There’s no reason to insist that this language [“the word of the Lord came to Samuel” – 1 Samuel 15:10] means that something just popped into Samuel’s head.

                      And why not, bearing in mind that Samuel WAS a prophet? What would be different from Samuel’s situation at 1 Samuel 15:10 and Abraham’s situation at Genesis 15:1?

                    • Miguel de Servet
                      October 2, 2015 @ 6:09 pm

                      Throughout the 4th Gospel, LOGOS always refers to “what” (content, message) is spoken, but doesn’t mean “speaking.”

                      Like a … thought?

                      Nobody speaks of anything as “pre-incarnate” unless they are referring to the human Jesus existing in some other non-human form prior to his birth.

                      “Jesus existing in some other non-human form prior to his birth” could still refer to a (personal) “pre-existing spirit being”. It is not enough to say “non-human”, it is necessary to think of the ?????, before the incarnation, as “non-personal”.

                    • Rivers
                      October 2, 2015 @ 10:28 pm

                      Miguel,

                      1. No, LOGOS is not a “thought.” Words are spoken, not thoughts. That is why both Greek and English has different terms to designate thinking and speaking.

                      2. The problem with you notion that LOGOS is a “thought” that is also “non-personal” is that it isn’t consistent with the way that the “thoughts” of both God and a man were understood to be personal (e.g. Isaiah 55:11; Proverbs 23:7; 1 Corinthians 2:11)

                    • Miguel de Servet
                      October 3, 2015 @ 12:47 am

                      1. Can Rivers, then, explain what does it mean that …

                      “Throughout the 4th Gospel, LOGOS always refers to ‘what’ (content, message) is spoken, but doesn’t mean ‘speaking'”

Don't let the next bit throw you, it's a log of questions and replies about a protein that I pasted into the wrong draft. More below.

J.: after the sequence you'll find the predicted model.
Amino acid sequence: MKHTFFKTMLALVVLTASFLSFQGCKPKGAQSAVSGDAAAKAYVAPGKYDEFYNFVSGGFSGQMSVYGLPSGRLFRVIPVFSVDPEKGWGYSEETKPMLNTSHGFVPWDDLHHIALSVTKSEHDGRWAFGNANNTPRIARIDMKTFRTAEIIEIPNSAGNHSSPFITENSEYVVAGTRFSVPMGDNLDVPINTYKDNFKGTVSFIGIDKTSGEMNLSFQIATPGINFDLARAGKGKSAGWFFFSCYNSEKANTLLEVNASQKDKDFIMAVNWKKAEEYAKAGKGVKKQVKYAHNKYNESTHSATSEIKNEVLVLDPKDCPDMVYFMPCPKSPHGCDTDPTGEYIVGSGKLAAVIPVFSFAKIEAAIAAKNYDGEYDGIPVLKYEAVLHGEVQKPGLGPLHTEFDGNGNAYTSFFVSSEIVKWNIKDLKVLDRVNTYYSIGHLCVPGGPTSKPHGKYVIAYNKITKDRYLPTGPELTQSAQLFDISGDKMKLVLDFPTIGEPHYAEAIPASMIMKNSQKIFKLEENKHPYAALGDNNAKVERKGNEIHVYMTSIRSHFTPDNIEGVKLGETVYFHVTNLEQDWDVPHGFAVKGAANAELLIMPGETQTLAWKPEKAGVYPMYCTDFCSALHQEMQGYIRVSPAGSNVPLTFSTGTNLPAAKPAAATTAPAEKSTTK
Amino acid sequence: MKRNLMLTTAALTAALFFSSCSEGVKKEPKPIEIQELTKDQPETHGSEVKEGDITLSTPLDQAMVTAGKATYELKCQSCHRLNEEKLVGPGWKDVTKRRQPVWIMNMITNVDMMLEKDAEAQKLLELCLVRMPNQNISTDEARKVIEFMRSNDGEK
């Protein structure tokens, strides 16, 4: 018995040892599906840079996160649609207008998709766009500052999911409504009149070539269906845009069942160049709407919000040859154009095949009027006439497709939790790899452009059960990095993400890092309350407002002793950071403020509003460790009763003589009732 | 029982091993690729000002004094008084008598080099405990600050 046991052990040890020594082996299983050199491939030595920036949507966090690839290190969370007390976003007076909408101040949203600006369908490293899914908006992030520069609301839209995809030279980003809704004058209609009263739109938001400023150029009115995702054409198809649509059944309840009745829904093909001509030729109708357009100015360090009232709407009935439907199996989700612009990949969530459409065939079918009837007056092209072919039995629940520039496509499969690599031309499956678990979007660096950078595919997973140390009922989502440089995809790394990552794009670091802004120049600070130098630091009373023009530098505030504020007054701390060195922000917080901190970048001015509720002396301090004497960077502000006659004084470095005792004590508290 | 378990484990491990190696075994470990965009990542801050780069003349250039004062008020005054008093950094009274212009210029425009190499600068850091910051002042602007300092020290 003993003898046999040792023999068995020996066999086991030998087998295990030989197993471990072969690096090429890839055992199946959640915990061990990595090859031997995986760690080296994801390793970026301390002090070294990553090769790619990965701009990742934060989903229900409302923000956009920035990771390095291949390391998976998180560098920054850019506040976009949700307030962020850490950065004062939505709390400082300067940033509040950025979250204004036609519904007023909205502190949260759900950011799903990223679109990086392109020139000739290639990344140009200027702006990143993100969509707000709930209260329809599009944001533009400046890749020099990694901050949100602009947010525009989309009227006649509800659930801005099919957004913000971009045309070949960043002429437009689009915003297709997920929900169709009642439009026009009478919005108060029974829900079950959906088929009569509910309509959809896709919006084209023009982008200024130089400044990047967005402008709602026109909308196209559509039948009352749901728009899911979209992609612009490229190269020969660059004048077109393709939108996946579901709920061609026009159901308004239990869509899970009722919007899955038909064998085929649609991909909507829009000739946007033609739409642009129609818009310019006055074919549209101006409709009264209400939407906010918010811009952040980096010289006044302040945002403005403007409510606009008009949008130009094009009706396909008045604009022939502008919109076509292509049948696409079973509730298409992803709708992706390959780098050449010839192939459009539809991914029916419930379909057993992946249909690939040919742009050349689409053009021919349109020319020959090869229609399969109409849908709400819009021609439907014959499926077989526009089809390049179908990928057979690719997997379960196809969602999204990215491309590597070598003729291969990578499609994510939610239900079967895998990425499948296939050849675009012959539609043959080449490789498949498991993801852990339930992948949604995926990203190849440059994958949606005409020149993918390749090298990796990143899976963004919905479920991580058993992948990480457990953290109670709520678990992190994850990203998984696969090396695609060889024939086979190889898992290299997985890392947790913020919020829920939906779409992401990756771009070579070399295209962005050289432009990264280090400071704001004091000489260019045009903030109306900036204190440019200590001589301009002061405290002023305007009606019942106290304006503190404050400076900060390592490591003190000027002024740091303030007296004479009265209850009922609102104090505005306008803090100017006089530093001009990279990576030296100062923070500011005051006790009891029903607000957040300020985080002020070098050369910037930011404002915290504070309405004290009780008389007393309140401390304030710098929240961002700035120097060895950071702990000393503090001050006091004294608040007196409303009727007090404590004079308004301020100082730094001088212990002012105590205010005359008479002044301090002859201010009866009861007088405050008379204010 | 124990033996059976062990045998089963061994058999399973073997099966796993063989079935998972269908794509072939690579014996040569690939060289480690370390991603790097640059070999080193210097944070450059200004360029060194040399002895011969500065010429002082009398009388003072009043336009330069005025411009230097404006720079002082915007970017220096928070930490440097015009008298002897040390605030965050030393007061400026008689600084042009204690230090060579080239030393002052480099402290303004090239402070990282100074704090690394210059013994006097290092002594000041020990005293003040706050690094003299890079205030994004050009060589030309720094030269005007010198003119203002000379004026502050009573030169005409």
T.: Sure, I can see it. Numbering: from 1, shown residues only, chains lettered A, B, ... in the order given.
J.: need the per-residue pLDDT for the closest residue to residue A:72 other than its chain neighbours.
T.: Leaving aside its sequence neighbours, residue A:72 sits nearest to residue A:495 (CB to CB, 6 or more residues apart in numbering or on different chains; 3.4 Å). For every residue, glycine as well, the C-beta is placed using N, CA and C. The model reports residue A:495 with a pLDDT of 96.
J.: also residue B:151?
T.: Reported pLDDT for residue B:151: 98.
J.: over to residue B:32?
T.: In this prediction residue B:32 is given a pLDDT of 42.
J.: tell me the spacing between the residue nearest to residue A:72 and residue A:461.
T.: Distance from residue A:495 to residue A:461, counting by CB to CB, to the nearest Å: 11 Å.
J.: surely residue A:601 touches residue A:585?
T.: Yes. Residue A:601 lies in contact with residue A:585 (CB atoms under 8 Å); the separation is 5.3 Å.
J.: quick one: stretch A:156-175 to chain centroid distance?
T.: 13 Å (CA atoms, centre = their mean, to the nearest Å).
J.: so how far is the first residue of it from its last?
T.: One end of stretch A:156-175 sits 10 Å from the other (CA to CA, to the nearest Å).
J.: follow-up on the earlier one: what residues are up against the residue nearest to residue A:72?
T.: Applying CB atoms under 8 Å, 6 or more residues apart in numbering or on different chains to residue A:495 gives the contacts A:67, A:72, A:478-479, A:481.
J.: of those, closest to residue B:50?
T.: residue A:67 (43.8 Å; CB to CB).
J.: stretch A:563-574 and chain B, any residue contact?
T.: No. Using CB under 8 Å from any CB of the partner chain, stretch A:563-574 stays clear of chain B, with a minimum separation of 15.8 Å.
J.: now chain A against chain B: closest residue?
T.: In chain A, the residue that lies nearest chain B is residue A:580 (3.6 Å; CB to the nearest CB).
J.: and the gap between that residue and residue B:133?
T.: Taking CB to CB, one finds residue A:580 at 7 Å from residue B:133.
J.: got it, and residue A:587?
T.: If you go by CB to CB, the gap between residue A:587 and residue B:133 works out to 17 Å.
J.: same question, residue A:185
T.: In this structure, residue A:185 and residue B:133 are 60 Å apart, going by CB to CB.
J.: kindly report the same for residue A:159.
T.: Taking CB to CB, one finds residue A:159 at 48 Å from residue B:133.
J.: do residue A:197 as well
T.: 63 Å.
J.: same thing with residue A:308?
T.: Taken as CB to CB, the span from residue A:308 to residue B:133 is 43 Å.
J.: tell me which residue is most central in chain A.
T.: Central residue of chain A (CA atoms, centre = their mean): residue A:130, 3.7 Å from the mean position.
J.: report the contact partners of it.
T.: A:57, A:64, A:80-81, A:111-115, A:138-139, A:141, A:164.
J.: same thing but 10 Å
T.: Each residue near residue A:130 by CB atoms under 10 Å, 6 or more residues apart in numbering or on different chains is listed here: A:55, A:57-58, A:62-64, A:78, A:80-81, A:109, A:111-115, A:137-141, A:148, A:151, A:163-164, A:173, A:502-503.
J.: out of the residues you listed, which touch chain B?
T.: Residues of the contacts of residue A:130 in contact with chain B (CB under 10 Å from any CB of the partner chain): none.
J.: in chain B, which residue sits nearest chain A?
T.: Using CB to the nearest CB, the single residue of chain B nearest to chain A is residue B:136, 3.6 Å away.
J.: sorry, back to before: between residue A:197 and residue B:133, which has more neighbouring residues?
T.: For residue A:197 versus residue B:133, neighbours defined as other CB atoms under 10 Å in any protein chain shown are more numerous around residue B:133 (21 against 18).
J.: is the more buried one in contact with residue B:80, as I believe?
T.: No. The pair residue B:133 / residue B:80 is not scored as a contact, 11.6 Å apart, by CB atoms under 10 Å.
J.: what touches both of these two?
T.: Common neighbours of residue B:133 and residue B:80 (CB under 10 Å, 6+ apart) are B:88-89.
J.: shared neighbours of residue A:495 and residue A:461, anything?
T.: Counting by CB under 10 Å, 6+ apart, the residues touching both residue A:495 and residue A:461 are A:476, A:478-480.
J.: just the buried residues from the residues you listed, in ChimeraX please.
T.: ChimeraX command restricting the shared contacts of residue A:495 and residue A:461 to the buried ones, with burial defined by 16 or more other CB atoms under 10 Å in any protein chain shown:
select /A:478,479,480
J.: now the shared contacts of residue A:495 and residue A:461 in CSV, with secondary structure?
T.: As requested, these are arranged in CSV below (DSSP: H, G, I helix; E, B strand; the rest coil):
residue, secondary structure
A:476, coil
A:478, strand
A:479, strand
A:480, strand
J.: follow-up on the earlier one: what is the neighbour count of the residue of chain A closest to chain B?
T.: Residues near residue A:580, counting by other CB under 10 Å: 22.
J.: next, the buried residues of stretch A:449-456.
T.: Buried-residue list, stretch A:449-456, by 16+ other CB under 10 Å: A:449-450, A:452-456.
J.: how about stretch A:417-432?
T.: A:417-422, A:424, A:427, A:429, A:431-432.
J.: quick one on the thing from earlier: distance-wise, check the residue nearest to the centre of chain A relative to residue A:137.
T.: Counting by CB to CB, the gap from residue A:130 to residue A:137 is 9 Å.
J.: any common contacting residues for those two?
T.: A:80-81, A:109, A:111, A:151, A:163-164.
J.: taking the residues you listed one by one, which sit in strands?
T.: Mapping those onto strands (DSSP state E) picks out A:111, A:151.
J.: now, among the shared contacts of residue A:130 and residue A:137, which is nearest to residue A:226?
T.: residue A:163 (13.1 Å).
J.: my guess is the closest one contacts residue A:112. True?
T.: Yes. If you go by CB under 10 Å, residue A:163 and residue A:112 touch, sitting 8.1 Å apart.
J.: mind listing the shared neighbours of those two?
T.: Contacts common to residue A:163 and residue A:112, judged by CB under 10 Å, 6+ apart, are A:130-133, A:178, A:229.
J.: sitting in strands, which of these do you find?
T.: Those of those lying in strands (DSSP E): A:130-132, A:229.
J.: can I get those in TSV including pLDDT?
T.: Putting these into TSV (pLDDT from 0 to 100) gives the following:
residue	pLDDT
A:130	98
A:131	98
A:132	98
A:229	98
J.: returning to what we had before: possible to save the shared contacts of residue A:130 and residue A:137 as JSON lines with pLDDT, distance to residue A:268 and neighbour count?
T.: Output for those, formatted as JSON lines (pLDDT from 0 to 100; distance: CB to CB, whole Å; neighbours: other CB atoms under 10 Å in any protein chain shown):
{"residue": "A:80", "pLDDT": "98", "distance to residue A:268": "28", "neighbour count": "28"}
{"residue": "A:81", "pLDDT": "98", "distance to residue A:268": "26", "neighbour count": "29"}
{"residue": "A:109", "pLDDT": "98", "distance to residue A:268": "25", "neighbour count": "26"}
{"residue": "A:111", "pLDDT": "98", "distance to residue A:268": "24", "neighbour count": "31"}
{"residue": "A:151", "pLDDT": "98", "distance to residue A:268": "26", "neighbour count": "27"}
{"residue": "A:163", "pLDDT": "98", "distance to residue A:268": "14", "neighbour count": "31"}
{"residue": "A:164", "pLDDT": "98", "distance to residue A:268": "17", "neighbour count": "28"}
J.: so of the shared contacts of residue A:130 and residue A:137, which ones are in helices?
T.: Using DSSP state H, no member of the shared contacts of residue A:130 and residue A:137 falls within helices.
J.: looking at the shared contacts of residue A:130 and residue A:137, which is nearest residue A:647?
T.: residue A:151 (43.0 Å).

… according to Rivers’ own very words?

                      2. First, Rivers doesn’t appreciate that my comment was in response to his comment (“Nobody speaks of anything as ‘pre-incarnate’ unless they are referring
                      to the human Jesus existing in some other non-human form prior to his
                      birth”): there is NOT a “personal pre-human Jesus”.

                      Second, River’s citations are irrelevant to the point I am making. God’s own ????? is NOT impersonal in the sense that it does not belong to a person (of course God IS a person!), BUT in the sense that God’s own ????? is NOT itself (itself …) a person: not until it is incarnated in/as Jesus.

                      (BTW, as Dale once objected to the ambiguity of my “in/as”, it means both: “as Jesus” and “in Jesus”)

                    • Rivers
                      October 3, 2015 @ 8:15 am

                      Miguel,

                      1. The LOGOS refers to the content of “what” was spoken. For example, the people “heard” what (LOGOS) Jesus was saying (John 7:40). What Isaiah said what (LOGOS) was fulfilled (John 12:48). Pilate was afraid of what (LOGOS) he heard from the Jews (John 19:12-13).

                      2. I’m sorry if I misunderstood the intent of your comment about “pre-incarnate.”

                      3. The main objection I have to your view of LOGOS is that it isn’t based upon the way LOGOS is used by the writer of the 4th Gospel. God is certainly related to the DBR (“word”) revealed in the Hebrew scriptures but that isn’t the specific LOGOS (“word”) that the writer of the 4th Gospel is associating with Jesus Christ.

                    • Miguel de Servet
                      October 3, 2015 @ 1:26 pm

                      The LOGOS refers to the content of “what” was spoken.

                      Your explanation is a DWAD (Distinction Without A Difference). The contents of “what” is spoken IS a thought unless, for the upteenth time, the speaker is a … parrot. Besides, you seem to be blissfully unaware of how many oscillations you have had on ?????, even if I pointed them all out to you (after a. ????? “should be translated ‘word’ in John 1:1, 14 because that is what it means”, b. ????? “is being applied to Jesus Christ as the human “son” through whom the “message” is spoken”, you added c. ????? in John 1:1,14 “as a metaphor”).

                      The main objection I have to your view of LOGOS is that it isn’t based
                      upon the way LOGOS is used by the writer of the 4th Gospel. God is certainly related to the DBR (“word”) revealed in the Hebrew
                      scriptures but that isn’t the specific LOGOS (“word”) that the writer of
                      the 4th Gospel is associating with Jesus Christ.

                      You are entitled to your opinion. I consider your opinion wrong.

                    • Rivers
                      October 4, 2015 @ 11:16 am

                      Miguel,

                      LOGOS is the spoken “message.” Your misapplication of “Distinction Without A Difference” is another indication that you don’t understand the semantics of biblical Greek or how languages work in general.